Acting Attorney General Andrew J. Bruck today announced actions against two licensed professionals accused of engaging in criminal sexual conduct on the job.
“We will not allow licensed professionals to sexually prey on the patients and clients who trust them,” Acting Attorney General Bruck said. “Professionals who engage in such misconduct should not expect to be allowed to continue practicing in New Jersey.”
According to Acting Attorney General Bruck, in the first action announced today, the State Board of Nursing permanently revoked the RN and LPN licenses of Frank Dellbeni, 74, of Plainfield.
Acting Attorney General Bruck said that Dellbeni was arrested in January on charges of criminal sexual contact and endangering the welfare of a child.
According to charges pending against him, Dellbeni forcibly touched a female student’s breast while chaperoning a school field trip as a substitute school nurse in the fall of 2019.
The Consent Order, which was filed on August 4, prohibits Dellbeni from ever applying to have his licenses reinstated.
According to Acting Attorney General Bruck, in the second action, the New Jersey Board of Massage and Bodywork Therapy temporarily suspended the license of massage therapist Jhon A. Cabrera, 28, of Paterson.
Acting Attorney General Bruck said that Cabrera was charged in March with criminal sexual contact after a female client at the Hand and Stone Spa in Hackensack reported to police that Cabrera had improperly touched her breast during a massage therapy session.
According to Acting Attorney General Bruck, in May, Cabrera was charged with sexual assault in connection with a 2016 incident in which he allegedly digitally penetrated a different client during a massage therapy session.
To resolve the Board’s investigation of the March incident, Cabrera agreed in a Consent Order filed July 28, to the temporary suspension of his license until the criminal charges are resolved and the Board takes further action in his case.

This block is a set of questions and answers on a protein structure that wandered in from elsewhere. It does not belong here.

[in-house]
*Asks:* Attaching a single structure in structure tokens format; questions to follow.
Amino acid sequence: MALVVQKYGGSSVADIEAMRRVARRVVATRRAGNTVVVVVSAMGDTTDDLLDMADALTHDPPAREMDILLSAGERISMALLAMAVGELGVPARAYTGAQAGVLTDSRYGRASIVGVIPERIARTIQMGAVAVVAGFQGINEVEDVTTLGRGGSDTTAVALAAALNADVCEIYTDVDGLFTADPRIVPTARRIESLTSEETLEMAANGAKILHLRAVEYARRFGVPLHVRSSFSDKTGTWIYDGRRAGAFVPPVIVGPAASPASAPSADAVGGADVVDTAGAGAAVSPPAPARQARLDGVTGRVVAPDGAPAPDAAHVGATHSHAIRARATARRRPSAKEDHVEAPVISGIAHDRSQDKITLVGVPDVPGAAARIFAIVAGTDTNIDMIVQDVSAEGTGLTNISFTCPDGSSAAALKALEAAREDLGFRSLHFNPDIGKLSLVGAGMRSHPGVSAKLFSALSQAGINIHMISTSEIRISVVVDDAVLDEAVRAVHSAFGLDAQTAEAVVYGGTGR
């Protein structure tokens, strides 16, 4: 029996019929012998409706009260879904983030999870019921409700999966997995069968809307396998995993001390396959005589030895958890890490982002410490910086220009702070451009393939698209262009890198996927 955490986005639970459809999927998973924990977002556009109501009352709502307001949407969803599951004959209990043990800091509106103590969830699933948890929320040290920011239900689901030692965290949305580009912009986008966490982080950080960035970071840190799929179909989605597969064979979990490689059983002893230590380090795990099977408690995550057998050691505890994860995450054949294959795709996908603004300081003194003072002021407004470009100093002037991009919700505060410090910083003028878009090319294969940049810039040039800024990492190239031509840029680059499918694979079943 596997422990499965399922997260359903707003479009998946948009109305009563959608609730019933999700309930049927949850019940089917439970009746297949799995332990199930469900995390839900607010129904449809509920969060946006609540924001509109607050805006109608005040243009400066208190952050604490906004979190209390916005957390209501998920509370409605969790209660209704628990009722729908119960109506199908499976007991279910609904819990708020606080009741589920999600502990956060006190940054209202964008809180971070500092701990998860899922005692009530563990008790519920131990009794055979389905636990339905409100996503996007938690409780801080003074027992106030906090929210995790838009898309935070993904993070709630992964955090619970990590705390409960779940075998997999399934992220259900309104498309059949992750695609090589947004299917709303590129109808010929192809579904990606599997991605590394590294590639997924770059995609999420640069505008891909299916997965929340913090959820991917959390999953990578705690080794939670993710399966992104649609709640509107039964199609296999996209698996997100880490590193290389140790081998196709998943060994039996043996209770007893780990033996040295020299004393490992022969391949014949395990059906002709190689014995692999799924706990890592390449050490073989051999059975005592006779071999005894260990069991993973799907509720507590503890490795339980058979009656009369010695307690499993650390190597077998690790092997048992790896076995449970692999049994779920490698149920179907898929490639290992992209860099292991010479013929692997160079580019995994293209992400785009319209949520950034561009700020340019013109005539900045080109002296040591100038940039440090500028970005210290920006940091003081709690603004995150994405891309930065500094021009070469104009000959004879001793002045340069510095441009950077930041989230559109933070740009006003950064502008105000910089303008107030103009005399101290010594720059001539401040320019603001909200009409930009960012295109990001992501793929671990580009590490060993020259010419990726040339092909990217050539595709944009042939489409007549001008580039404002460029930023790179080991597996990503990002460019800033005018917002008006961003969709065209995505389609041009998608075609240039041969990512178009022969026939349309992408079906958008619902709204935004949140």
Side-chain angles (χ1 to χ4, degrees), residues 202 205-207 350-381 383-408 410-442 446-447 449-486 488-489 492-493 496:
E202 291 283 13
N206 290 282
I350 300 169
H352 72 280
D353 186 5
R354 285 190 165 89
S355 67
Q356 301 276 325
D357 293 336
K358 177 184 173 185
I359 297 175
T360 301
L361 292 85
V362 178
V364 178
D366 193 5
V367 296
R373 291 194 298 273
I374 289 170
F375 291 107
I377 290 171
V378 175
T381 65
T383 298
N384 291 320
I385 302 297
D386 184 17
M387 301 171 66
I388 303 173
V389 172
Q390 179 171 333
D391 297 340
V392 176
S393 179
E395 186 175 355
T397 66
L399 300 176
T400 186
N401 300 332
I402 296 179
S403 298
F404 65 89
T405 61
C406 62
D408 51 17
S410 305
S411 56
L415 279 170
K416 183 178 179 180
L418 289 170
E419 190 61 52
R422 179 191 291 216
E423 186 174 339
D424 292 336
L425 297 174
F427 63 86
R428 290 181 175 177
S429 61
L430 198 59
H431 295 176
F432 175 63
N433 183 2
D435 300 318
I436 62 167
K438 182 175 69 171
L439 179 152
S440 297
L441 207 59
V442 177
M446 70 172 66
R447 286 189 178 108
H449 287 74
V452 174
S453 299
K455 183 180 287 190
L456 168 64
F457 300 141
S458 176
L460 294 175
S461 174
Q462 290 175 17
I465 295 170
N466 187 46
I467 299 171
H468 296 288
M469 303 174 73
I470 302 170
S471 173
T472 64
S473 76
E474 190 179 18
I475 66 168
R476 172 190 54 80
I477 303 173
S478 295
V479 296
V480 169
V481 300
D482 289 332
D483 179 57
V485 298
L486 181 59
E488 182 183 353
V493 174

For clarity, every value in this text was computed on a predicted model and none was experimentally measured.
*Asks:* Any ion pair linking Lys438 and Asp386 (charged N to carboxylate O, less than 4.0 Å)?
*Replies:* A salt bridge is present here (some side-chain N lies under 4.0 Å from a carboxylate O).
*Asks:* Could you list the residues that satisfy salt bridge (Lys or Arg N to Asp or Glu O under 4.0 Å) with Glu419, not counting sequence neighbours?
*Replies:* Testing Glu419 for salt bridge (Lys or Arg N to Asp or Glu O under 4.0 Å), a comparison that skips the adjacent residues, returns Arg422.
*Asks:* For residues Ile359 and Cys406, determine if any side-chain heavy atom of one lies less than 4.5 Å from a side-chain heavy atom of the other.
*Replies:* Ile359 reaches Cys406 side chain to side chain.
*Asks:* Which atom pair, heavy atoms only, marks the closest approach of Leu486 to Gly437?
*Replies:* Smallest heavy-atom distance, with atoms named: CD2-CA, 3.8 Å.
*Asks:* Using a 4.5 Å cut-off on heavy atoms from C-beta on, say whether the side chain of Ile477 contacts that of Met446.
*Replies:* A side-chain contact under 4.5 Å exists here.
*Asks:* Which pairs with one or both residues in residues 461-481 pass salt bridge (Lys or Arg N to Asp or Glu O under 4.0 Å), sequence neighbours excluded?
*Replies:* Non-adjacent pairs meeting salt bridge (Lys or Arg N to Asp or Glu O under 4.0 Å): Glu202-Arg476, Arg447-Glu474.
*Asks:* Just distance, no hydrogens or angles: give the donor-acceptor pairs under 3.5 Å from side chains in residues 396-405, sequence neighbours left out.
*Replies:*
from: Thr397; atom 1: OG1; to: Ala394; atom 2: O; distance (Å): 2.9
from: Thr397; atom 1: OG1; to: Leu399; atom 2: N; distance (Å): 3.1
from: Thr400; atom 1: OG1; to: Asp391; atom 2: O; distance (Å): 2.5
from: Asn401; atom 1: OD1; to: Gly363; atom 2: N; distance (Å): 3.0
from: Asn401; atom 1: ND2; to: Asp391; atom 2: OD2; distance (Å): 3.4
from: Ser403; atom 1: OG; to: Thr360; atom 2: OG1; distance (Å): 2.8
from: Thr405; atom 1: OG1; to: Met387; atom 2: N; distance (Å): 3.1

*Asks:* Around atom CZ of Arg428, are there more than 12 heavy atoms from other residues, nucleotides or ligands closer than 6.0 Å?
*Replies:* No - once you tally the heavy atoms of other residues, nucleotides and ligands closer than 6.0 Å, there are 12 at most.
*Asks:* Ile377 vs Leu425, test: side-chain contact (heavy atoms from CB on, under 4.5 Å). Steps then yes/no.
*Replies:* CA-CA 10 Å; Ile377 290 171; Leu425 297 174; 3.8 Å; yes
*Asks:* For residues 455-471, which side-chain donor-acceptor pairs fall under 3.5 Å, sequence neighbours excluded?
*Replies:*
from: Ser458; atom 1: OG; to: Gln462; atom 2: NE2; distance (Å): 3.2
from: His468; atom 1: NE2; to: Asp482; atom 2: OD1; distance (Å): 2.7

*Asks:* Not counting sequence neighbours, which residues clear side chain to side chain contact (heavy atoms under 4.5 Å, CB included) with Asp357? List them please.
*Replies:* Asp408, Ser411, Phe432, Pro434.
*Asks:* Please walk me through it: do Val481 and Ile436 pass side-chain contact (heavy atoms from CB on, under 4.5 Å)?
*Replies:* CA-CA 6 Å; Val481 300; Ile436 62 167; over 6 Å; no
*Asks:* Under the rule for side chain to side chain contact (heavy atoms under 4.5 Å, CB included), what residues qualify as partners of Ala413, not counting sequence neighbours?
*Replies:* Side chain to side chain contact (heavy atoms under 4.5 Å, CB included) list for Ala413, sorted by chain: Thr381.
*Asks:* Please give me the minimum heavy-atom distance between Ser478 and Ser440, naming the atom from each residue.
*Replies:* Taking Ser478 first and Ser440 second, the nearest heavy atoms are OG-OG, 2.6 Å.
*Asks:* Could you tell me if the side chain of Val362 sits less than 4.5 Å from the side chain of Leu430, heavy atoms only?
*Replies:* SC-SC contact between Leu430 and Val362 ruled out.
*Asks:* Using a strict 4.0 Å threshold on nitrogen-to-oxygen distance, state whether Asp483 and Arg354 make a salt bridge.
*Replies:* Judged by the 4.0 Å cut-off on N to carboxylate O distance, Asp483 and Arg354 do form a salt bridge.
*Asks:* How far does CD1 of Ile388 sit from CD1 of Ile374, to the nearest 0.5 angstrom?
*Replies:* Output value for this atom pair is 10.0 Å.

In April, the Office of the Attorney General in AG Administrative Directive 2021-3 unveiled sweeping reforms to address the problem of sexual abuse and misconduct among individuals licensed by the 51 professional and occupational boards and committees under the administrative oversight of the Division of Consumer Affairs (“the Division”).
Those licensees, some 700,000 in all, include physicians, nurses, psychologists, drug and alcohol counselors, and massage therapists.
The Directive grew out of the Division’s yearlong comprehensive review and called on the Division to work with the professional boards and committees to initiate specific changes and adopt best practices to address the problem of sexual misconduct through prevention, accountability, and victim support.
“The Division has for years worked collaboratively with the boards to address issues that affect public health and safety, and combatting sexual abuse and misconduct is at the fore of our working relationship,” said Sean P. Neafsey, Acting Director of the Division of Consumer Affairs.
"We commend the Board of Nursing and the Board of Massage and Bodywork Therapy for taking action to address the very serious charges against these licensees. We will continue working closely with the Boards to ensure that all licensees are held to the same strict standards and that allegations of sexual abuse and misconduct are addressed swiftly.”
To date this year, at least a dozen licensed professionals have had their practicing privileges revoked, suspended, or otherwise curtailed in connection with sexual abuse or misconduct on or off the job.
Investigators with the Enforcement Bureau within the Division of Consumer Affairs conducted the investigation into the allegations against Dellbeni and Cabrera.